“I think there are software absolutists... people who believe in windows and mice apparently for their own sake,” he adds. “Philosophically, they say, ‘We’ve seen this and we’re going this way. This is what we build our products around.’ We, I think, have a more flexible, less purely ideological approach to building products. It’s not so much a question of adapting the Lisa/Star metaphor but of using that as one of a number of important building blocks in creating a product.”

Forefront Corp.’s Robert Carr seems to agree with Kapor, saying, “As a designer I would love to be told, ‘You’ve got a very high-resolution screen, you’ve got a Motorola 68000 microprocessor or even more powerful chip, you’ve got 512k of memory, go do it.’ I think the graphic representation above all else is what you can do better with that kind of hardware. To be frank, I think that would be a better system than one that limits itself to working on a character (rather than graphics-based) screen. Unfortunately, the price-functionality curve on the hardware is not yet at a point where you’re going to be able to deliver the benefits of the desktop metaphor to that many people that way compared to aiming for a lower hardware base requirement. We’ve tried to draw the line where we can bring as much of the desktop technology as possible to as many people as possible, by shooting for a hardware base that is very minimal.”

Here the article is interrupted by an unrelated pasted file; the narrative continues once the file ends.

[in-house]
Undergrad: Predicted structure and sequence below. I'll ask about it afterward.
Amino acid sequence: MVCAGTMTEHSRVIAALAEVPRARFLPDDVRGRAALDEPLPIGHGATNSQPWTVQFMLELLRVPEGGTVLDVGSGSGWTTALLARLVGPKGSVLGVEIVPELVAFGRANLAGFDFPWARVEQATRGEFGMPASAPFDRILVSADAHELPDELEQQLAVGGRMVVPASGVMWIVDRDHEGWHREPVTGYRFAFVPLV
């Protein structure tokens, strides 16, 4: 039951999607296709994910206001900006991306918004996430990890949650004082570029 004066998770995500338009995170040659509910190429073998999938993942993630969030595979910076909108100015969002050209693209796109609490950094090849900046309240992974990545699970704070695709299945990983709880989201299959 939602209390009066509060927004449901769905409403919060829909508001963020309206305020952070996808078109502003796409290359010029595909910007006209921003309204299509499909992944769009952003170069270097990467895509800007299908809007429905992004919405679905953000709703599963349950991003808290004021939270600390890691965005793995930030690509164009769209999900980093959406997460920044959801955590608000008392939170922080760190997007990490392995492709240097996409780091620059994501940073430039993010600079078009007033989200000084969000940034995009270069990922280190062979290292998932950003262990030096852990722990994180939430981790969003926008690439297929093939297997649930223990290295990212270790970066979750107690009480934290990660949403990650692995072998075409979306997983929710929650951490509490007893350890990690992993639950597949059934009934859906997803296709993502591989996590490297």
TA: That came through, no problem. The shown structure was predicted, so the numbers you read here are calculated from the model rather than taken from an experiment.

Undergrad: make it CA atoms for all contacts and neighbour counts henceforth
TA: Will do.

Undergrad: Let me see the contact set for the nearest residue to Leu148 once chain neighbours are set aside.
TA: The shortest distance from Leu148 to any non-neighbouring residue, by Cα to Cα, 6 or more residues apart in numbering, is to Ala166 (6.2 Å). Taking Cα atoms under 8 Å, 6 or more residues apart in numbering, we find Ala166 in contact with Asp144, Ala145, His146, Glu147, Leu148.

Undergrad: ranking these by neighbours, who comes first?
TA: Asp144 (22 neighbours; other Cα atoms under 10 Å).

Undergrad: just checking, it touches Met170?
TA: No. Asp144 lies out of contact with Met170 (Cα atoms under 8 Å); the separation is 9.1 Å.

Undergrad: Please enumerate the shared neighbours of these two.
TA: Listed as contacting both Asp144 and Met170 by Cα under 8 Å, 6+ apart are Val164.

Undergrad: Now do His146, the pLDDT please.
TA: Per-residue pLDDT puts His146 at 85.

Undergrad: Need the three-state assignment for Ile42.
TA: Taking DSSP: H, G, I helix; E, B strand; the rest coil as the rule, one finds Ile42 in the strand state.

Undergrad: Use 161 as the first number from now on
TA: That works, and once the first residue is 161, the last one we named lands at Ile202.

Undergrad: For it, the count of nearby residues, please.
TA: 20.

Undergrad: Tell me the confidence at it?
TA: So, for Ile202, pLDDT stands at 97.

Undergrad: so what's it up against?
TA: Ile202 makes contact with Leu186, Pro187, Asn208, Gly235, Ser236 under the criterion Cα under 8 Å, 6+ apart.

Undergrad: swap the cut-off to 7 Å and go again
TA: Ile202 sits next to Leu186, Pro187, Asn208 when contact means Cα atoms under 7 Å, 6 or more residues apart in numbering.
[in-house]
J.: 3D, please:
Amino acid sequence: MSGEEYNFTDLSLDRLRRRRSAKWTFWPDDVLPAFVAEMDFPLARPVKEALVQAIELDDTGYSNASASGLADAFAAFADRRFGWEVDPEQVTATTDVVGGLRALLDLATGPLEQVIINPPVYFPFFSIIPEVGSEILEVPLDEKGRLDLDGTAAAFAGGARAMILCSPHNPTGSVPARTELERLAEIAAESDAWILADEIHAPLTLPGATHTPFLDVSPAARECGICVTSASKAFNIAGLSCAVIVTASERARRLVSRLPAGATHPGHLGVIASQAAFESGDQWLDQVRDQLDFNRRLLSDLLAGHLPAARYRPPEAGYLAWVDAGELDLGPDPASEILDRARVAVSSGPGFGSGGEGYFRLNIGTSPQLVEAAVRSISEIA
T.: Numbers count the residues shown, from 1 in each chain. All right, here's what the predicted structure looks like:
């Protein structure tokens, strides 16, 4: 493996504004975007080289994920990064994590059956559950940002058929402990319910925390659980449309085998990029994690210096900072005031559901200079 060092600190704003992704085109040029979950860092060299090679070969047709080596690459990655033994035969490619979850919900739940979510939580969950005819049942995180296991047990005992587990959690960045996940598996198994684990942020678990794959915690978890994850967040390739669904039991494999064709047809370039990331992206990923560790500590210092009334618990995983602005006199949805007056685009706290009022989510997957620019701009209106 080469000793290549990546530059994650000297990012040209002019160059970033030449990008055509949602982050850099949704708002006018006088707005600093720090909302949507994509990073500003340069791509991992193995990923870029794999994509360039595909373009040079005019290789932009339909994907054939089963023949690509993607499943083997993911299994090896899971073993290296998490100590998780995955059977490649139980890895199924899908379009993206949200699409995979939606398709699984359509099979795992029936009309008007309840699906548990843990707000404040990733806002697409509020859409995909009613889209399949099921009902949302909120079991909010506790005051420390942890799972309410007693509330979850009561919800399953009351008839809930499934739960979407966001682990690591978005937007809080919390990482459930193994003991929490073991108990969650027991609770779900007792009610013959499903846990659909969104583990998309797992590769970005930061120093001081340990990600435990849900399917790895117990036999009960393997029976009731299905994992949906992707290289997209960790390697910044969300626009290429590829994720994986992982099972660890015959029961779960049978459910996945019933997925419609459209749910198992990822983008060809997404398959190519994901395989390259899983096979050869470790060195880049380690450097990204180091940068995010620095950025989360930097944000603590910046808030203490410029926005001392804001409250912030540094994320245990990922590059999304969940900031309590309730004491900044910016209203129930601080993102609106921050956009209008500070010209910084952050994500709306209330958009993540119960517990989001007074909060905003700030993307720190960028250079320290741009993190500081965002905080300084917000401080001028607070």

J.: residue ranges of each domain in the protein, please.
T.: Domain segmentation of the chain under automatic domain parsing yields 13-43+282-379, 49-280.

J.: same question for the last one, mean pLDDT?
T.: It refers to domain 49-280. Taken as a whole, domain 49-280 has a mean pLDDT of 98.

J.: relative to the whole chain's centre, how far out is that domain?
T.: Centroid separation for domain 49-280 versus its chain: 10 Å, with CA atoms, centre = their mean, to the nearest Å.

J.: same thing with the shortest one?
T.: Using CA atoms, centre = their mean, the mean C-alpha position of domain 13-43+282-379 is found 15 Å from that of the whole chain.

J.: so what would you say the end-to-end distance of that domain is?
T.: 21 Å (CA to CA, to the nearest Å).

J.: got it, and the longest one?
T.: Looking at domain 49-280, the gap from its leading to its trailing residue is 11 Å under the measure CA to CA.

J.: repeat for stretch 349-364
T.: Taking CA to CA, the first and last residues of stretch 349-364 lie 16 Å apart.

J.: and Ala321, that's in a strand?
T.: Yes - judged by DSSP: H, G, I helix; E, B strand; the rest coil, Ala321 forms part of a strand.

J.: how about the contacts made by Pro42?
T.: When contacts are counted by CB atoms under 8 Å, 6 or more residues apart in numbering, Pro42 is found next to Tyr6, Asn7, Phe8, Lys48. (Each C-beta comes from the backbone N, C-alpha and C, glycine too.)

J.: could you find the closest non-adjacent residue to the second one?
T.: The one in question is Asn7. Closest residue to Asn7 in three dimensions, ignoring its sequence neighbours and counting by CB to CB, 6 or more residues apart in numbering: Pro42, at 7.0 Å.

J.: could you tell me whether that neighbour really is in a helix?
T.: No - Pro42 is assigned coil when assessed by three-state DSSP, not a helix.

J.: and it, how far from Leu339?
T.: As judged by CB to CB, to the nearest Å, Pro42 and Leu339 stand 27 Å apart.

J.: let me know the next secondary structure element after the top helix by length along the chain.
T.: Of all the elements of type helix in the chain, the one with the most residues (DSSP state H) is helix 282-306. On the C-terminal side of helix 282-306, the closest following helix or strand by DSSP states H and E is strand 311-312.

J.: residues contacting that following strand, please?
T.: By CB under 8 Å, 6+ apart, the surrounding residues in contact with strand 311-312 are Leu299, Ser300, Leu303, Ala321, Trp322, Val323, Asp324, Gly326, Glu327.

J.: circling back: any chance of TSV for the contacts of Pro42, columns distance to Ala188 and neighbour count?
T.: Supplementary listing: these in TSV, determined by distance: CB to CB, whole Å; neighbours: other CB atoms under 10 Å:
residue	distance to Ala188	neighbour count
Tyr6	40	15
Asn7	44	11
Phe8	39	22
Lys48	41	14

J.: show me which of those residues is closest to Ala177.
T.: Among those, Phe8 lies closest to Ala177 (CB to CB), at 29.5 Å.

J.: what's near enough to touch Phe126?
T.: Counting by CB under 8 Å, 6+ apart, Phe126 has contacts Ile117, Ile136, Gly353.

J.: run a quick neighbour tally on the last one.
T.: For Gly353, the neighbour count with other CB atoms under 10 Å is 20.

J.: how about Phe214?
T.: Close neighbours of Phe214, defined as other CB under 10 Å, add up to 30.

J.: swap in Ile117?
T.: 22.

Chris Morgan, vice president of communications for Lotus Development, agrees. “The metaphor has to make sense with the given hardware,” he says, adding that features such as screen icons are more suited to machines such as the Macintosh with its higher graphics resolution. “When you’re working within the confines of the average color monitor there are trade-offs. There are only so many pixels on that screen that you can use to create an image. So what you want is simplicity on such a display.